Last weekend was a cornucopia of movies for the family, both recent releases and older ones we missed due to the insanity of the last year and a half. I'll focus on the Disneys first with some thoughts on Friday concerning the company's apparent change in direction in regards to female characters.
Hoo boy! Maleficent. This live-action version isn't your grandma's classic animated one.
The earliest tales of Sleeping Beauty, which has been around in some version or another for 800 years, gave a reason for the character of Maleficent to curse the princess, but Uncle Walt's original movie is pretty one-dimensional. She's painted as bitch for the sake of being one.
*** SPOILERS ***
This version gives the fairy a damn good reason for being pissed at the man who will become King Stefan. He claims he loves her, drugs her, and cuts off her wings, all in order to be named king. The rape imagery is impossible to miss.
Many folks think this makes Maleficent too dark of a movie for children. As a parent myself, I would say watch it yourself and use your common sense as to whether your children is ready. However, don't underestimate your child. This scene is a good teaching moment when it comes to trust and safety issues.
The story also addresses the redeeming power of love, though not of the romantic variety. Maleficent spies on the three pixies raising the young princess, with the intent of torturing the child and thereby her father. However, she finds herself saving Aurora again and again from the pixies' lack of attention and inexperience with humans.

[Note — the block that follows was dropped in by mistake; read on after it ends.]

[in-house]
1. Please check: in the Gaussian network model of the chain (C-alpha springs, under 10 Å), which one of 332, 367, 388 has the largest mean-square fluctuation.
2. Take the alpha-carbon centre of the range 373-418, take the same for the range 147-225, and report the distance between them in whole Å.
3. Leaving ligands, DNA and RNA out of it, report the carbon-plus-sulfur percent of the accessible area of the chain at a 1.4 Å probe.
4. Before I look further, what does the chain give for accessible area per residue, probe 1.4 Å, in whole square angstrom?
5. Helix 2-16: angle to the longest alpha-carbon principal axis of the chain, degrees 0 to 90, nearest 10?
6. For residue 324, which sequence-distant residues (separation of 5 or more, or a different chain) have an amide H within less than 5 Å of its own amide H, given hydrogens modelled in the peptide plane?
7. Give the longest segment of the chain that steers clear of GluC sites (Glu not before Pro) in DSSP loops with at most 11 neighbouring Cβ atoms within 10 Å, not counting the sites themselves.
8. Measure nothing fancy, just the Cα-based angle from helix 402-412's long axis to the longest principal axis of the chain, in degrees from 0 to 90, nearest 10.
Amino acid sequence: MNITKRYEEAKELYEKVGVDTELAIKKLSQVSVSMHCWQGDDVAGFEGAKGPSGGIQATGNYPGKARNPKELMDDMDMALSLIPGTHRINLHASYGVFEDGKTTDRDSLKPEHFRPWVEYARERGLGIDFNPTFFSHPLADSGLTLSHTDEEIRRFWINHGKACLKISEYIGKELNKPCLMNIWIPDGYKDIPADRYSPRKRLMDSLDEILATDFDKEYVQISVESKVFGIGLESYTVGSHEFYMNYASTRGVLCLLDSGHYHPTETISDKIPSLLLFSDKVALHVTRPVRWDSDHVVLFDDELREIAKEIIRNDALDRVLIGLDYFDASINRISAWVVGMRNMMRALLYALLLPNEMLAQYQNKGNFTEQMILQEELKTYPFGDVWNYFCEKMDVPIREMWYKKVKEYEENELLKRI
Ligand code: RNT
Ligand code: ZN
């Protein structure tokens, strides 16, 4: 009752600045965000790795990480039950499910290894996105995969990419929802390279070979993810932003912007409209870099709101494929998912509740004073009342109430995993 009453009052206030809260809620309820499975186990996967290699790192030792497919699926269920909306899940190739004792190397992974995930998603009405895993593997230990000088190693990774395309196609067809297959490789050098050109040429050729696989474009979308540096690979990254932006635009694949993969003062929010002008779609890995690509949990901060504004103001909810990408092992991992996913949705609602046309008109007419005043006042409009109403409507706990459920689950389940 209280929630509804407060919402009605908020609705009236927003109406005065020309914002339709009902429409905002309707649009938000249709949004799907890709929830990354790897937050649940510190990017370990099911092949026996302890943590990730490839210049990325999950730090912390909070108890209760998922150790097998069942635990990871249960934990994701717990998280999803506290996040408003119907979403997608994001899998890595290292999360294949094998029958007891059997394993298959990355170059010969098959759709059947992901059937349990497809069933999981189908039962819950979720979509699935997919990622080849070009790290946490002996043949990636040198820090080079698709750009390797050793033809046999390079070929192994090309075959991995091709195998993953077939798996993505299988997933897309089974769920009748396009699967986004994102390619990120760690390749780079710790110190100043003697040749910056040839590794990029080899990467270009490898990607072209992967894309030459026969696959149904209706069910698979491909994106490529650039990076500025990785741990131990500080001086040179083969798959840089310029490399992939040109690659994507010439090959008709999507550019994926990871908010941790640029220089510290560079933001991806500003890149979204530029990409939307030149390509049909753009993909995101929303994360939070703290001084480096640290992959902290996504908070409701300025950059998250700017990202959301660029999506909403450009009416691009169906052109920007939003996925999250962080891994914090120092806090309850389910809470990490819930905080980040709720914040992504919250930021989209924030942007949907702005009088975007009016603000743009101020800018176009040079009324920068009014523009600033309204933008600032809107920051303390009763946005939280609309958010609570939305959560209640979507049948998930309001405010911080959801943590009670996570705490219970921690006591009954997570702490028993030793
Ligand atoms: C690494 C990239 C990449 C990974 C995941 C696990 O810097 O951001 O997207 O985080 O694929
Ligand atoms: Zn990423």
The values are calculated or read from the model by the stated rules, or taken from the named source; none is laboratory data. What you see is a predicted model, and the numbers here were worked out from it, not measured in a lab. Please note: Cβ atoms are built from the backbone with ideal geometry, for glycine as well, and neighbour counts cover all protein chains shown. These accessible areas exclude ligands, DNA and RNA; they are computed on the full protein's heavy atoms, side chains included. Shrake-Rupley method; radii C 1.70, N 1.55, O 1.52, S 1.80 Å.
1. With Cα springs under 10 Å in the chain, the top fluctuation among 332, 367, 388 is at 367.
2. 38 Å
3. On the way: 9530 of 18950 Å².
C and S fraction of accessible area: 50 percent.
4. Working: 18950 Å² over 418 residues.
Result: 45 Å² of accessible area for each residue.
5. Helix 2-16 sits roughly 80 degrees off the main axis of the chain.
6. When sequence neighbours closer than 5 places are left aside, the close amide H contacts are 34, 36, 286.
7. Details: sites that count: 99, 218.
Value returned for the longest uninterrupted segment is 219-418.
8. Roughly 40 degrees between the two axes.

The defining moment is when the little girl accepts the wounded fairy as she is. The innocence of the child thaws Maleficent's heart. She tries to revoke the curse, but is unable to.
1) Angelina Jolie's subtlety in playing this role. She makes Maleficent a sympathetic, strong, and totally understandable person.
2) Elle Fanning's Aurora throwing a totally teen temper tantrum upon learning that ALL the fairies have been lying to her for her whole life. It's a very real moment in a fantasy story, but it grounds the character, compared to the blow-up Barbie doll she was in the animated version.
3) Prince Phillip not winning the day. I believe in love, but a five-minute meet-up in the woods is lust, not love. In counterpoint to the earlier rape allegory, he refuses to kiss an unconscious girl.
4) This movie is an excellent way for parents to open conversations with their pre-teen children about the opposite sex and safety.
1) This is a PG-rated film. Use your best judgment, but I definitely wouldn't recommend it for children under eight. Like I said above, this ain't your grandma's Sleeping Beauty.
Overall, I would give it 10 out of 10 stars.
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